Setting your location helps us to show you nearby providers and locations based on your healthcare needs.
Your Location is set to Change My Location
Cone Health wants to help you get well and stay well. This section provides tools and information to achieve good health and maintain your well-being.
Learn what community resources are available to help you get well and stay well.
View health and wellness news you can use from Cone Health providers on
View Advanced Search OptionsView All Doctors
View All Locations
Home > Patient & Family Resources > Health Library > Allergic Reaction to Tattoo Dye
Committed to Safety: As we resume services, we are taking all necessary precautions to keep you safe while we care for you. Limited visitation is now in place. Review all our visitor policies and precautions. Get more information on COVID-19.
Allergic reactions to tattoo dye are rare. The various colors in a tattoo are made from different materials. For example, the red color comes from mercury, the green from chromium, the yellow from cadmium, and the blue from cobalt. Allergic reactions to red dyes occur more often than allergic reactions to other colors.
Allergies are an overreaction of the immune system. An allergic reaction can range from mild and annoying to sudden and life-threatening. Allergic reactions do not always occur the first time you are exposed to the dye. For example, if you have had 3 or 4 tattoos without any problems, you could have an allergic reaction to the dye the next time you have a tattoo. Each time you have a tattoo, you must watch for signs of an allergy and get help based on the severity of your reaction.
An allergic reaction can be local and produce swelling, itching, or hives in the area of contact with the allergen. Local reactions can usually be handled at home and are not life-threatening. Hives can be minor, or they can be the first sign of a life-threatening allergic reaction (anaphylaxis).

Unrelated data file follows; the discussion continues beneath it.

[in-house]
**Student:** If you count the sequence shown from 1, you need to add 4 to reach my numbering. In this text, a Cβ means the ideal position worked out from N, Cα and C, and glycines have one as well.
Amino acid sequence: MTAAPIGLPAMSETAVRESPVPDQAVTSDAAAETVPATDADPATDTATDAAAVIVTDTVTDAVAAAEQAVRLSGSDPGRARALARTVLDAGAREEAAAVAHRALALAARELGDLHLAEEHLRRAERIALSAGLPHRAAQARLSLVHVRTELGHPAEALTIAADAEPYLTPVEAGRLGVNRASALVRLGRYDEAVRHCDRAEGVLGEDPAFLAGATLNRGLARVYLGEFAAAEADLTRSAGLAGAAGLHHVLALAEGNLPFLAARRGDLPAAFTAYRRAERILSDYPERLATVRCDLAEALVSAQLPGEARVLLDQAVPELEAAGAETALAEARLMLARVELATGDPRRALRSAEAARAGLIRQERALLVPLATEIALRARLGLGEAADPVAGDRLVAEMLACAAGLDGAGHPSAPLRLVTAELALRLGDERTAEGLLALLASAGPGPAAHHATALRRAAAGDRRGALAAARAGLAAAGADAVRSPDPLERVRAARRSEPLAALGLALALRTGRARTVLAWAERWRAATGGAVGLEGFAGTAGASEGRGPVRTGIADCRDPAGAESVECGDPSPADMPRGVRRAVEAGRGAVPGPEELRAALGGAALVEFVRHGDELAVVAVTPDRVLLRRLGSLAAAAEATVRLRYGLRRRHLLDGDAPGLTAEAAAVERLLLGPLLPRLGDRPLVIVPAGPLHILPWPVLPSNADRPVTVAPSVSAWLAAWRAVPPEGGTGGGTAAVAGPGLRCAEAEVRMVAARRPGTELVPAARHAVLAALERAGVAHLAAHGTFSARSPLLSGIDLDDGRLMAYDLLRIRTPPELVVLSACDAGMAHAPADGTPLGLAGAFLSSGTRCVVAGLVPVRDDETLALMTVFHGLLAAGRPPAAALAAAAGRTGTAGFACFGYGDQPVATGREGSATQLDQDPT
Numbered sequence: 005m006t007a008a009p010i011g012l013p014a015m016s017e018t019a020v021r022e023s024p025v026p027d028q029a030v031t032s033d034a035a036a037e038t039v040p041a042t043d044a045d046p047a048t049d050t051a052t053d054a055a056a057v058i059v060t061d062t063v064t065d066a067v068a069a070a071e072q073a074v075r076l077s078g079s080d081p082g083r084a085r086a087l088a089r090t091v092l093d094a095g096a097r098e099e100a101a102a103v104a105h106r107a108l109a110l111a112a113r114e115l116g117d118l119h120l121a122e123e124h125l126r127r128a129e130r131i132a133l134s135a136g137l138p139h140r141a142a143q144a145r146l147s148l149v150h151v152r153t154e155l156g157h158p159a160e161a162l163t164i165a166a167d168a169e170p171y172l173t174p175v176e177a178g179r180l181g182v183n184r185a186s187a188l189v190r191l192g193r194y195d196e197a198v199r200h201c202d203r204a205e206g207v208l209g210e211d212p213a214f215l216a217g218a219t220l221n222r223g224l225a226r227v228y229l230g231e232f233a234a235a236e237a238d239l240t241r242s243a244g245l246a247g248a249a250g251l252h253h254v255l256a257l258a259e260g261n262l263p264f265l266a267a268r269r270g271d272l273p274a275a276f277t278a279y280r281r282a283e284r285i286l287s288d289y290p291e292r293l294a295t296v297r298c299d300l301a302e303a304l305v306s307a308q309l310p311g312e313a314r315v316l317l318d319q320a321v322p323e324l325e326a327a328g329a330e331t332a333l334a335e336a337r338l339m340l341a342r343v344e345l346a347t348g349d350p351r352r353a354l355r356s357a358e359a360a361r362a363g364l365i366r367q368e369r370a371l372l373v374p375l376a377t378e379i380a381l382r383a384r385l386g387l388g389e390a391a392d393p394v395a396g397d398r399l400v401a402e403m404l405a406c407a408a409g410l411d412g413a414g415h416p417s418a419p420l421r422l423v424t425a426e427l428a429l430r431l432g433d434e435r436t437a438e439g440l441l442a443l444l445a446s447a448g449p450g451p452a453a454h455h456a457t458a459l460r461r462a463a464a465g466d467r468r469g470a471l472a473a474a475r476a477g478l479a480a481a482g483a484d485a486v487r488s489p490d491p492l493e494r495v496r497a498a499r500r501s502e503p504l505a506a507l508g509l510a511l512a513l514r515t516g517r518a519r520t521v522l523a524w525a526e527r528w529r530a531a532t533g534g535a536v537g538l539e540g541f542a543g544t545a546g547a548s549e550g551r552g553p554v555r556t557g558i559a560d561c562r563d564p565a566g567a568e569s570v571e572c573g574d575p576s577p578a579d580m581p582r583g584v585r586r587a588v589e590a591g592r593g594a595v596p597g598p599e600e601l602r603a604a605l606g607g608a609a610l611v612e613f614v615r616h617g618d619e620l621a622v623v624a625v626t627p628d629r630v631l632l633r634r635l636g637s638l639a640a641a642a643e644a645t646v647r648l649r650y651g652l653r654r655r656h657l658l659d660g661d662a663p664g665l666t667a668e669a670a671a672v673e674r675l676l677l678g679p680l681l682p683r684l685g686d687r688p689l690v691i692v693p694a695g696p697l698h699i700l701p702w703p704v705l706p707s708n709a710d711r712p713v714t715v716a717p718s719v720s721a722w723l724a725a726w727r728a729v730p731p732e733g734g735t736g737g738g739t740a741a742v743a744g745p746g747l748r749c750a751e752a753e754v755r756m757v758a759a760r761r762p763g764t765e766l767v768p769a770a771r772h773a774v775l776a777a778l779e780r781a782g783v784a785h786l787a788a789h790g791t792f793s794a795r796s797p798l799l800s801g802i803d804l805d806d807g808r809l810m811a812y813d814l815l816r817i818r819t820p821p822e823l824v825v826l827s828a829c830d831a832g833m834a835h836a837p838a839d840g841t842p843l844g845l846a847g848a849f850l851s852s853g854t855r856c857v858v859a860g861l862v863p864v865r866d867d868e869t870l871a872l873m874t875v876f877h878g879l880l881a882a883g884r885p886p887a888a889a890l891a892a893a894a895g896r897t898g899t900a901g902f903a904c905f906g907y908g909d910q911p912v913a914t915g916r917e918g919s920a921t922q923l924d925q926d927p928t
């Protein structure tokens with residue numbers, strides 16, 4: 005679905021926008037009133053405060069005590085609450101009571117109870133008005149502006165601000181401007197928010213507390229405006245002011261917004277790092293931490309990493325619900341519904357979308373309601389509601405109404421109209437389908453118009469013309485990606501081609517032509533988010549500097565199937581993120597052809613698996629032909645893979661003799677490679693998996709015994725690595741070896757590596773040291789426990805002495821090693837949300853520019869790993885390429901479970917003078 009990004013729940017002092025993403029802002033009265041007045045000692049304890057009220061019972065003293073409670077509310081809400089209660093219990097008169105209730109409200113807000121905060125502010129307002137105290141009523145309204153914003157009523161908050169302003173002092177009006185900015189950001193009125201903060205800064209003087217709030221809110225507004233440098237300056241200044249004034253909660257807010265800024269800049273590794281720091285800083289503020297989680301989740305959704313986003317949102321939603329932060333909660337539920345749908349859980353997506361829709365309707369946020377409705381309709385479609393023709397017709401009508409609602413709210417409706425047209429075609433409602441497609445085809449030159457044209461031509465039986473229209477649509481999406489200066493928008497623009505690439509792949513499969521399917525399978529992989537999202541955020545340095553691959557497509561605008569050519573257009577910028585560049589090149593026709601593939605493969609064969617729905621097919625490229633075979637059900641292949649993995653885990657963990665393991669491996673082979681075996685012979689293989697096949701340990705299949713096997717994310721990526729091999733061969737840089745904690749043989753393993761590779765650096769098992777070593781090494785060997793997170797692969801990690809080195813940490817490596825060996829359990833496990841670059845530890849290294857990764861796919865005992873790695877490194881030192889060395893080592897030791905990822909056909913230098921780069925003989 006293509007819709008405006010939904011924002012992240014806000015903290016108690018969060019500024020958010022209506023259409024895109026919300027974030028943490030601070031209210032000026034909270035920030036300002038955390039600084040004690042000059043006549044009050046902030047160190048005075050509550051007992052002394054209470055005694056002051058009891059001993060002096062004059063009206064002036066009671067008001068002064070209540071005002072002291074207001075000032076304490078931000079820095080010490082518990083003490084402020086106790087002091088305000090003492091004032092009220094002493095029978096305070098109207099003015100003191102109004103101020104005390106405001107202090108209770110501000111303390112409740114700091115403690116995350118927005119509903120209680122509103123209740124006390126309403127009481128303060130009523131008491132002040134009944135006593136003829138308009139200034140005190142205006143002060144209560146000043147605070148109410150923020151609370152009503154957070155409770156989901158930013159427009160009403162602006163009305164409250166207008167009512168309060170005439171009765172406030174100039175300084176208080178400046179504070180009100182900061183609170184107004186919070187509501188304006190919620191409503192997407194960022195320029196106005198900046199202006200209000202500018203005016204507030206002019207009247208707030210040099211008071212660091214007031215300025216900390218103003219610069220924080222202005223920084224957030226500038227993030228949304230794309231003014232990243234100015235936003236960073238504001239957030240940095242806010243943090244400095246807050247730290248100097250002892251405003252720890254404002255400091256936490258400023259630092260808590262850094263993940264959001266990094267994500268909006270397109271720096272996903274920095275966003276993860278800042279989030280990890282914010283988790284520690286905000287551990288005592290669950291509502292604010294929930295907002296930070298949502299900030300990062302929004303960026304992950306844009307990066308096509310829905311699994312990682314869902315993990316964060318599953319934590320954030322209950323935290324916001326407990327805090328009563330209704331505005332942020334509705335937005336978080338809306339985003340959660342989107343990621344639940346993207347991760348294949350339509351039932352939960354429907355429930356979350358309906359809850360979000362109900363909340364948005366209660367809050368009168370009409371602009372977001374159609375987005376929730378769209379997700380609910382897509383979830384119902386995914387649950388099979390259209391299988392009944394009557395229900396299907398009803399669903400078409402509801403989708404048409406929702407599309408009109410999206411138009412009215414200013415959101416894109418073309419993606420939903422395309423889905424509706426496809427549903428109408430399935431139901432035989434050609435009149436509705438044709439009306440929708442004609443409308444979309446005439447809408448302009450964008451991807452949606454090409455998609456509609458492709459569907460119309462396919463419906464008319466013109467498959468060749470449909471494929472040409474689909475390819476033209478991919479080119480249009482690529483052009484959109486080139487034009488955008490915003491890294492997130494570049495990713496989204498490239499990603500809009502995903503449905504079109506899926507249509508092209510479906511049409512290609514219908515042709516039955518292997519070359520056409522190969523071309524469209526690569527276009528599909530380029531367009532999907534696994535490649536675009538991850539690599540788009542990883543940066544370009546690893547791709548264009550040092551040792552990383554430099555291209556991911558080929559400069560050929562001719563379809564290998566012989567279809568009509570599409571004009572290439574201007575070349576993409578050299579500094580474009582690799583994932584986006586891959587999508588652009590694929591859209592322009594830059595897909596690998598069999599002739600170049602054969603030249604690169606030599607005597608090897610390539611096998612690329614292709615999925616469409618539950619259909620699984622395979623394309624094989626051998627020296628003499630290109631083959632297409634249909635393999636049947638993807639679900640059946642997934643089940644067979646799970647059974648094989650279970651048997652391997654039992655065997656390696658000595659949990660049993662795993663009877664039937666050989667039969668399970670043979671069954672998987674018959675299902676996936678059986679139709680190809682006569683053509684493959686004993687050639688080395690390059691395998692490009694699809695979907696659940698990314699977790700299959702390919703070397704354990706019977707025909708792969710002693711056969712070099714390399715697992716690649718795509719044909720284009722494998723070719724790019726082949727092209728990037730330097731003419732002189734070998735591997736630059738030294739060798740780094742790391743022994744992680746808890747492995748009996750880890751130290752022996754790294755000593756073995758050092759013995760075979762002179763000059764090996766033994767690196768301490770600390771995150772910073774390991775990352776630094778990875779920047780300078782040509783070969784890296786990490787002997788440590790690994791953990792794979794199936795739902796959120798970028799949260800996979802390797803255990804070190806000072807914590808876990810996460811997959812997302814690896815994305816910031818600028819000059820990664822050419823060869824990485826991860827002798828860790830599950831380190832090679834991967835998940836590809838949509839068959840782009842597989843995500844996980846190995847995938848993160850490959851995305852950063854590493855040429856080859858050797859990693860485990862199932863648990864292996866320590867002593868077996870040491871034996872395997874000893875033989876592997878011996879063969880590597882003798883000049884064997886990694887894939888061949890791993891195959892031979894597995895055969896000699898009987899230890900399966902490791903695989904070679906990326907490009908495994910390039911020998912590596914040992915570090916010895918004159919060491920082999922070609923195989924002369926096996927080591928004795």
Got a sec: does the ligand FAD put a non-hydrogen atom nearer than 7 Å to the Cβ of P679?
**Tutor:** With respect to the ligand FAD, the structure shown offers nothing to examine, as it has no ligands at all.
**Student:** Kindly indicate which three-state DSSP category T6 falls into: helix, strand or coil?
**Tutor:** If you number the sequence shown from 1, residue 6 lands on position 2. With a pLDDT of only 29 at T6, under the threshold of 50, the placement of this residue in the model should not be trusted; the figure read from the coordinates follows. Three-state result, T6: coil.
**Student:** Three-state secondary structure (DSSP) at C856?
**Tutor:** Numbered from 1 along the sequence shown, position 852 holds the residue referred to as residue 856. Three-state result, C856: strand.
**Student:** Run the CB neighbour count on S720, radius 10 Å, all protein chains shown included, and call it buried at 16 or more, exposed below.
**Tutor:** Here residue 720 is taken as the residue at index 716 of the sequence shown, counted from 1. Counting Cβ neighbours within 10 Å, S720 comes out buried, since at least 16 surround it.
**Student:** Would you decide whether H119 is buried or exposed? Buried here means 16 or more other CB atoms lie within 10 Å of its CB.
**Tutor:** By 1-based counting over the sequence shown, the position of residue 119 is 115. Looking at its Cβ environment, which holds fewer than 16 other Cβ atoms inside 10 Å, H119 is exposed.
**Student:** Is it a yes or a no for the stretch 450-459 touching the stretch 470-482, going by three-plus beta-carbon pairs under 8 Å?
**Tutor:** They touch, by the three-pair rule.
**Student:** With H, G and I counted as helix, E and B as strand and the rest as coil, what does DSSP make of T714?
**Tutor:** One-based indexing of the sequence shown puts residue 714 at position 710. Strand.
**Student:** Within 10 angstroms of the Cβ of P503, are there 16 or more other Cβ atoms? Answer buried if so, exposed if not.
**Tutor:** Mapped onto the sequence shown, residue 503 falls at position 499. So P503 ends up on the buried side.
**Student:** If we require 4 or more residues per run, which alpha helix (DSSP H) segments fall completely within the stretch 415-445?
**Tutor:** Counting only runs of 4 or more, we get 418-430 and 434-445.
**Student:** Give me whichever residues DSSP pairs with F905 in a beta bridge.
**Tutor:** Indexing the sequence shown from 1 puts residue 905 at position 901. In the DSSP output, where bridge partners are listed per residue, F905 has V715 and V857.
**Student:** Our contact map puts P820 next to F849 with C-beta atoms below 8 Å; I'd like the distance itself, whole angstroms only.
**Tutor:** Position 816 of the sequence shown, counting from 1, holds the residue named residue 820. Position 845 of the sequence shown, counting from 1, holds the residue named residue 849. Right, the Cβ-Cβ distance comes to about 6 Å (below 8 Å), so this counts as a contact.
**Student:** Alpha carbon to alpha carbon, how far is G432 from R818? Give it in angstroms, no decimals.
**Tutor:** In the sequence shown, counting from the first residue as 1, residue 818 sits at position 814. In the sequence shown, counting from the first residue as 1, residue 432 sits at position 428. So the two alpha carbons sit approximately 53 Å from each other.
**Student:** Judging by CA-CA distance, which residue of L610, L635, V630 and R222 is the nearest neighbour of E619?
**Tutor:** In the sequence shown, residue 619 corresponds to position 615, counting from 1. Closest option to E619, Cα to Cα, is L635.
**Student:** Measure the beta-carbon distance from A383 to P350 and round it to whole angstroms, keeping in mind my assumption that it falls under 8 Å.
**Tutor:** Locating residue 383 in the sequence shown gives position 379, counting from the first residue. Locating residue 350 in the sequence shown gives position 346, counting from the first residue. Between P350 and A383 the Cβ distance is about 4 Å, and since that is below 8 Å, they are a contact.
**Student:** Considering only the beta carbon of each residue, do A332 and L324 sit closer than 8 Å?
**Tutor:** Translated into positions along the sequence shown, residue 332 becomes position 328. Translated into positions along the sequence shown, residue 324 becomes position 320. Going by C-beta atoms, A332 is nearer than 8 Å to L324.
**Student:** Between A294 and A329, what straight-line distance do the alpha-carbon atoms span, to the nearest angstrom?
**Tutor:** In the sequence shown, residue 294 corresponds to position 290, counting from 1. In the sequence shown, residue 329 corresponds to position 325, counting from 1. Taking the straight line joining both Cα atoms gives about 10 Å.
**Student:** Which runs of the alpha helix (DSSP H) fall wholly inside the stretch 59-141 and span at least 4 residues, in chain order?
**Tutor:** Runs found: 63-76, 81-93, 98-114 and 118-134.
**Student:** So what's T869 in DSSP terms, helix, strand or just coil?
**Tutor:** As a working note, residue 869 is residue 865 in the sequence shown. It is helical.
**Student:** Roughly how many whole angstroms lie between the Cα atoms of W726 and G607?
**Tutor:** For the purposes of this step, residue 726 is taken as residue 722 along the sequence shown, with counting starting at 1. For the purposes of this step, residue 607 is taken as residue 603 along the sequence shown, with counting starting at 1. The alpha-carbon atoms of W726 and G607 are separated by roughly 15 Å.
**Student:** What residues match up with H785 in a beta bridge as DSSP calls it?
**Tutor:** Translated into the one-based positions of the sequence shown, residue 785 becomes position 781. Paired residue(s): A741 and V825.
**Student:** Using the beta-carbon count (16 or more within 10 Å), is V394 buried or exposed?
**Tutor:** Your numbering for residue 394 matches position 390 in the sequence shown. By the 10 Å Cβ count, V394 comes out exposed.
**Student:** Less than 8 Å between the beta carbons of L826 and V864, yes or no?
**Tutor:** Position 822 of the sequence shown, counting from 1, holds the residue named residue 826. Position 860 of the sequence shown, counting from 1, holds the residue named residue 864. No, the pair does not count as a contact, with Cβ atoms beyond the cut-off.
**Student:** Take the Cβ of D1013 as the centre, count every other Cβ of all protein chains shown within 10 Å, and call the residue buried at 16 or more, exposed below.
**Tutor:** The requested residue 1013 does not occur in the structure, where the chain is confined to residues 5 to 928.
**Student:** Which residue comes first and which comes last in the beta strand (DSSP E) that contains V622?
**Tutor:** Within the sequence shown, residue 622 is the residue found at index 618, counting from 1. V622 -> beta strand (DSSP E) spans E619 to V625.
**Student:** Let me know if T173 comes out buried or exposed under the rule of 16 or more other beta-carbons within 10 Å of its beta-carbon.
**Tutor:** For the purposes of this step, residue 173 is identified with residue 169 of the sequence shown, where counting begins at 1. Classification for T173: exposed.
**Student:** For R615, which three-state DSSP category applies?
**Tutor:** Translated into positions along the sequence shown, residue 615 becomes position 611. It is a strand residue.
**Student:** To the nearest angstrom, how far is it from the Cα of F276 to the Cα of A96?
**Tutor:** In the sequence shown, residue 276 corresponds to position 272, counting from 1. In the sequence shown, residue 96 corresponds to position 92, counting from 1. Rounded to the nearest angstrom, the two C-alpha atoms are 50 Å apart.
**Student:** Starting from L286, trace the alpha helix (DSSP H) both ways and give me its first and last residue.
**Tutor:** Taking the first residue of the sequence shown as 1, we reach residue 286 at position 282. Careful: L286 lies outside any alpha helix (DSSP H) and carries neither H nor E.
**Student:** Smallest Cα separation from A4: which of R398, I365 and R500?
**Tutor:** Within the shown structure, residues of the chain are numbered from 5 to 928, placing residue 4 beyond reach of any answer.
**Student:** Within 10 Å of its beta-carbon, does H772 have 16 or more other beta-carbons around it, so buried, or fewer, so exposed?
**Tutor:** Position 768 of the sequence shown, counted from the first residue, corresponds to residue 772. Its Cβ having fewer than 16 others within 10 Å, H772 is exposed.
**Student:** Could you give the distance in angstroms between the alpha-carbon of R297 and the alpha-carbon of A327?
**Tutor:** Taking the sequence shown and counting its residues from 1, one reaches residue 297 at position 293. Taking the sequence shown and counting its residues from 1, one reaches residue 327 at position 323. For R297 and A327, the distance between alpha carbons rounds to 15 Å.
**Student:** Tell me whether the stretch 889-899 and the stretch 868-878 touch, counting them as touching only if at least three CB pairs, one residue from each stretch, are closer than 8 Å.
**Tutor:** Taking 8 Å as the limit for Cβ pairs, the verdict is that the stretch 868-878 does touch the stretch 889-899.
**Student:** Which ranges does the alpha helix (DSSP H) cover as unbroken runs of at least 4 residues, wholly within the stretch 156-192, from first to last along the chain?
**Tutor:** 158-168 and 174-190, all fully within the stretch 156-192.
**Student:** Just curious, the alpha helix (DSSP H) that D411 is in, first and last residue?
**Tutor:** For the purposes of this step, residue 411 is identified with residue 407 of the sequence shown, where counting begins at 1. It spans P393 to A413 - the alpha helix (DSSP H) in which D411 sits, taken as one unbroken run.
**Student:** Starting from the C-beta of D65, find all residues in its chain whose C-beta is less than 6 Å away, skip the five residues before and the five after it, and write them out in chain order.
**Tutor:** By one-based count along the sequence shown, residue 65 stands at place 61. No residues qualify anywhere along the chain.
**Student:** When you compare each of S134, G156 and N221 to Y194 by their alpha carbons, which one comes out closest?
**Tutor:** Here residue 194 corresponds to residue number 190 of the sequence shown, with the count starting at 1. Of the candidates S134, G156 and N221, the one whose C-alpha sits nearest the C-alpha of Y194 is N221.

Sometimes a local allergic reaction can be the start of a more serious whole-body reaction to the allergen. More serious reactions can include nausea or vomiting, swelling of the throat, wheezing, or problems breathing. Blood vessels can be involved and cause a circulatory collapse (anaphylaxis).
Current as of: June 26, 2019
Author: Healthwise StaffMedical Review: William H. Blahd, Jr., MD, FACEP - Emergency MedicineAdam Husney, MD - Family MedicineKathleen Romito, MD - Family Medicine
Current as of: June 26, 2019
Author: Healthwise Staff
Medical Review:William H. Blahd, Jr., MD, FACEP - Emergency Medicine & Adam Husney, MD - Family Medicine & Kathleen Romito, MD - Family Medicine
To learn more about Healthwise, visit Healthwise.org.
© 1995-2020 Healthwise, Incorporated. Healthwise, Healthwise for every health decision, and the Healthwise logo are trademarks of Healthwise, Incorporated.
Subscribe to our Wellness Matters e-newsletter, a monthly snapshot of the some of great wellness content from Cone Health providers.